A domestic abuse disclosure scheme which allows women to check on their partner's criminal past has led to its first successful prosecution.
Robert Burke, 54 and from Fife, pleaded guilty in November to offences including firing a shotgun at a former partner.
He received 190 hours of community service after appearing at Dunfermline Sheriff Court yesterday.
Police Scotland said the investigation into Burke began when it received information about him under the disclosure scheme.
Police said officers carried out inquiries after an application and concerns were raised about Burke.
Detective Inspector Jim Leeson, of the Fife Domestic Abuse Investigation Unit, said: “Burke had not come to police attention in the past – domestic abuse by its very nature frequently happens behind closed doors and in this case went unreported for years.
"We acknowledge that speaking out, whether you are a victim of or witness domestic abuse, can be extremely difficult and along with a number of support and advocacy organisations, the scheme exists to give these people a voice and allow police and partners to take appropriate action.
“In this case one of the offences happened 30 years ago, but the scheme still allowed us to receive the information, investigate and finally bring Burke to justice. He now has a criminal record and is known to police and our public protection partners so we can continue to take steps to reduce the risk of further harm.”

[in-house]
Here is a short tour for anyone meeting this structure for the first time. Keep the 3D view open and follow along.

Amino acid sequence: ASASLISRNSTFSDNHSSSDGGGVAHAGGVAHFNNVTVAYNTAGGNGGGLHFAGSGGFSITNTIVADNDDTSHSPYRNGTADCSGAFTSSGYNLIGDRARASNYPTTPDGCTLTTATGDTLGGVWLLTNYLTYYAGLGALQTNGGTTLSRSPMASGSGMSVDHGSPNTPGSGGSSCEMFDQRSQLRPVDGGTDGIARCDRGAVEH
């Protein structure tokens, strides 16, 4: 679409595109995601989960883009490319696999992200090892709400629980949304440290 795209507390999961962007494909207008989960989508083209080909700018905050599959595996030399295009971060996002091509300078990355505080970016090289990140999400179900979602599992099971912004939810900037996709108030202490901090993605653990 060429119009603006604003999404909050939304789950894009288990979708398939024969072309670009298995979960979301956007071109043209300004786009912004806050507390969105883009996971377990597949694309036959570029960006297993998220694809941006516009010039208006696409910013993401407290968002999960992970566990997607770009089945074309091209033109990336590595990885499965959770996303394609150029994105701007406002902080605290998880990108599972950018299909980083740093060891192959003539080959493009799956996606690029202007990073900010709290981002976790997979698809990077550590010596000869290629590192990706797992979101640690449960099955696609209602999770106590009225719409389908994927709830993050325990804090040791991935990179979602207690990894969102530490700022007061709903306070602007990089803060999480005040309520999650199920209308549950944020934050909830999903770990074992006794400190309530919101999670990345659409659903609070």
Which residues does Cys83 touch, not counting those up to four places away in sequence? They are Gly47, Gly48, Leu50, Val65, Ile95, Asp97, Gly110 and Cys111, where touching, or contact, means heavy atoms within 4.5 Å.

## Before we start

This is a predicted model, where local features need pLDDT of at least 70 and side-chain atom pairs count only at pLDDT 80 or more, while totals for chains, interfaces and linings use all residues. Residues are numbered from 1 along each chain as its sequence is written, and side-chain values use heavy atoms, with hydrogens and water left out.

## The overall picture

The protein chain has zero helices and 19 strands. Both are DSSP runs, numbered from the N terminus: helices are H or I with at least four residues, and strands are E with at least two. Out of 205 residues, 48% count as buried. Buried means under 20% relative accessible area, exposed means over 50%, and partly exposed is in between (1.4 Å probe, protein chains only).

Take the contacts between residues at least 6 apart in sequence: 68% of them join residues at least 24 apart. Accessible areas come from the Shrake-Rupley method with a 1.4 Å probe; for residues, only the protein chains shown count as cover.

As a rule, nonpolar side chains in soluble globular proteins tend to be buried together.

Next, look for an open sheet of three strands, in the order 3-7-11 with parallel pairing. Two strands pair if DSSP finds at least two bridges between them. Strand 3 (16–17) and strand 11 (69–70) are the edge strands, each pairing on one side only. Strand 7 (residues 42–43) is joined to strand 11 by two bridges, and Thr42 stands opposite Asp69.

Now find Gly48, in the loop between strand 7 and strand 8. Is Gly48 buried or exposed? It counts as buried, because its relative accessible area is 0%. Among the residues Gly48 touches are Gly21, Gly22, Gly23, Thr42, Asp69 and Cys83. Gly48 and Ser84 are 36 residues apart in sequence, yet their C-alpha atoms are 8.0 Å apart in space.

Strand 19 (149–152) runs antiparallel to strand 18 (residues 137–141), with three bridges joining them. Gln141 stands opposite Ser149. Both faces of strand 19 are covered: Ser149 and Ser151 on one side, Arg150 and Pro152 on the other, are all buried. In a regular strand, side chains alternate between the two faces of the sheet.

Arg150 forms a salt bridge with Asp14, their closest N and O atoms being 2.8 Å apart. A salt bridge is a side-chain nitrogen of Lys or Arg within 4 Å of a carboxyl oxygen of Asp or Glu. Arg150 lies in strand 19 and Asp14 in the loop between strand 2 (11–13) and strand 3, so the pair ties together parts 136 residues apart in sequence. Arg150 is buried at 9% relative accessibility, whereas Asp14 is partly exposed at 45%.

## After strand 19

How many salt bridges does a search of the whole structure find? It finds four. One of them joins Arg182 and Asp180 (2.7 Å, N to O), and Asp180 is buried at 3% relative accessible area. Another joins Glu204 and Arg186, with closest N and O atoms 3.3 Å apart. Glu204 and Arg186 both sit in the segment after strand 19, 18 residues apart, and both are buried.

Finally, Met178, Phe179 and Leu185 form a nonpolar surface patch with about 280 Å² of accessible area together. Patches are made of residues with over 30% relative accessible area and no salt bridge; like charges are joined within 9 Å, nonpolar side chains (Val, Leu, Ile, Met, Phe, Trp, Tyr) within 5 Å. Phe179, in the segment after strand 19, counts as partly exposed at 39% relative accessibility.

Dubbed Clare's Law after Clare Wood, who was murdered by her ex-boyfriend in Salford, Greater Manchester, in 2009, the scheme led to more than 1,000 requests in its first year after being introduced in 2015.
Chief Superintendent Barry McEwan from National Safer Communities added: “The Disclosure Scheme for Domestic Abuse in Scotland has been very successful since it was launched, and in its first year of operation 1,044 requests were made with 443 disclosures made. Every disclosure made is very carefully considered and where additional action can be taken, as in Burke’s case, we will.
“Domestic abuse is a priority for Police Scotland and DSDAS stands as an example of our commitment. Every disclosure through the scheme is helping to change lives by preventing people becoming victims, and I am pleased that so many people trust the scheme to be able to pass vital information to us in confidence.”
Applications to DSDAS can be made online at www.scotland.police.uk/contact-us/disclosure-scheme-for-domestic-abuse-scotland, by phoning 101 or at a police station front counter.